How young is too young to save a life? The answer may be younger than you thought.
Under a novel community service project orchestrated by a Chicago emergency physician, a class of fifth-graders not only got an interactive, up-close-and-personal education on sudden cardiac arrest, CPR and defibrillation, they relayed important information out to their community and contributed to growing global databases that map AEDs for when they’re needed.
“We wanted to teach the kids about cardiac arrest and CPR and AEDs, but also about the idea of self-reliance—that sometimes the adults will need their help,” says David Beiser, MD, FACEP, an assistant professor of medicine and pediatrics at the University of Chicago. “One of our central themes was that even a fifth-grader can save a life. When an adult has a cardiac arrest—and that’s much more likely than a child having a cardiac arrest—a child who’s properly trained can potentially step in and provide a lifesaving intervention.”
The children who demonstrated that came from Beiser’s son’s class, 10- and 11-year-olds at a local laboratory school. Beyond learning what cardiac arrest is and what to do about it, their project involved mapping AEDs in their neighborhood, and in doing so raising awareness of the devices’ purpose, where to find them and how to use them when a life is on the line.
It all started at last year’s American Heart Association conference, where Beiser noted a push to record AED locations in comprehensive databases. One such endeavor is the iRescU project, an effort led by EMS safety expert Nadine Levick, MD, to map AEDs around the world and provide their location information, along with CPR help, to users via smart phones and various social media platforms. With iRescU and similar projects, AED locations are contributed and updated by crowd-sourcing; anyone who knows of one is invited to submit it.
That seemed within the realm of bright fifth-graders in need of a service project. “The idea,” says Beiser, “was that we could combine community awareness, through the mapping, and health education. You can’t just put a bunch of slides in front of fifth-graders and hope they understand something like this. You have to make it real.”
Making It Real
Nonetheless, the day of the project began with a lecture. Beiser told the kids they’d not only be getting his normal college-level material, but because they were especially bright, he’d be compressing two weeks’ worth of content into an hour. “I told them to get their notebooks out, and they all kind of looked at my son,” Beiser chuckles. “They were all shooting him glances, like, Your dad’s really mean!” Then he started in on cardiovascular physiology, escalating rapidly in complexity.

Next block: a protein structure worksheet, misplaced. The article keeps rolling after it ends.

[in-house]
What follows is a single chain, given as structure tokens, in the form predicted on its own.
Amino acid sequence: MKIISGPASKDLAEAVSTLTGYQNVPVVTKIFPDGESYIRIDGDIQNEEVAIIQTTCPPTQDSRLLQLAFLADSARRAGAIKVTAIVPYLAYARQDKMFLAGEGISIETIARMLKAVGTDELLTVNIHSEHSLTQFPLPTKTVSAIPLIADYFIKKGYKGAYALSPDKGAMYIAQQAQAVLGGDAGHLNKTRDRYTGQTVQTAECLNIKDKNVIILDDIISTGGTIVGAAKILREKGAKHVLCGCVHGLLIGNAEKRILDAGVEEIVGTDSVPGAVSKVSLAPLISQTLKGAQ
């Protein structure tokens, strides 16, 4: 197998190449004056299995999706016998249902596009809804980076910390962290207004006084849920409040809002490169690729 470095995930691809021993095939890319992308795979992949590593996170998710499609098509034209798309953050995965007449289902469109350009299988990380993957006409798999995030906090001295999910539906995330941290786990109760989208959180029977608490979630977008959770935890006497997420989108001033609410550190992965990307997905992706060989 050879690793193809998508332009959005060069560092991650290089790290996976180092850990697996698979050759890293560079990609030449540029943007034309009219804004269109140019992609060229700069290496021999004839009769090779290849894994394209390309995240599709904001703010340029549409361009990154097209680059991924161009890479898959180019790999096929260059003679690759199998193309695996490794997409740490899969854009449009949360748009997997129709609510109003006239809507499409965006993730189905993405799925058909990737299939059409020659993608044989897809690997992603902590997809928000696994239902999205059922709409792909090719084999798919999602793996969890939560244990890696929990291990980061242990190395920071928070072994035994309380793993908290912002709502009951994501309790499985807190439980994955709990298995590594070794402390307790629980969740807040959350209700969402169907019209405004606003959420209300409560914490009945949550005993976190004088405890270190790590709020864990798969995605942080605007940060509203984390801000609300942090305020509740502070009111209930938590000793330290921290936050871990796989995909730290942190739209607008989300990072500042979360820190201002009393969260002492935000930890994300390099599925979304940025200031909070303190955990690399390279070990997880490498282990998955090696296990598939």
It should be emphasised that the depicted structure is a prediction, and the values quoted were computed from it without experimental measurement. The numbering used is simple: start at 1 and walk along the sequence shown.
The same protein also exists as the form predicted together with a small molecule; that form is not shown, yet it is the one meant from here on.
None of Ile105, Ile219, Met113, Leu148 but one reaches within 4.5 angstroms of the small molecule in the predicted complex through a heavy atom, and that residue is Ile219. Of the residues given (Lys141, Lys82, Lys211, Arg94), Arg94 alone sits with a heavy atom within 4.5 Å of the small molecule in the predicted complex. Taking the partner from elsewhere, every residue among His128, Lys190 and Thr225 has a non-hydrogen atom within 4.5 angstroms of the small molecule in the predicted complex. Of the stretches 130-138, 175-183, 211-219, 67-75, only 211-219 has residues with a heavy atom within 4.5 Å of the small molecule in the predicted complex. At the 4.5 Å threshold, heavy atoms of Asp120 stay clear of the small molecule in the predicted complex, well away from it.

That set the stage for the real act: An observing parent suddenly feigned a cardiac arrest (hammily overacted, so as to not truly alarm any children). The lecture then gave way to a simulated rescue that involved calling 9-1-1, dispatcher-guided CPR and application of an AED. “That,” Beiser says, “really started things off in a hands-on manner.”
It was followed by a cardiac arrest survivor—a top-level young athlete who’d collapsed playing basketball. She told her story and fielded questions. By this time the students were wholly engaged, wanting to know what it felt like to have a cardiac arrest and be shocked, what she was thinking during the experience, and about her new implanted defibrillator.
“They really started to understand what cardiac arrest was, and I’ll tell you, that is no small feat,” says Beiser. “Most of the public equate cardiac arrest with heart attack. I do cardiac arrest research, and even my family thinks I research heart attacks. It’s an important distinction, but I think the kids really understood that a cardiac arrest is when the heart stops, there’s no blood flow, and the person is essentially dead.”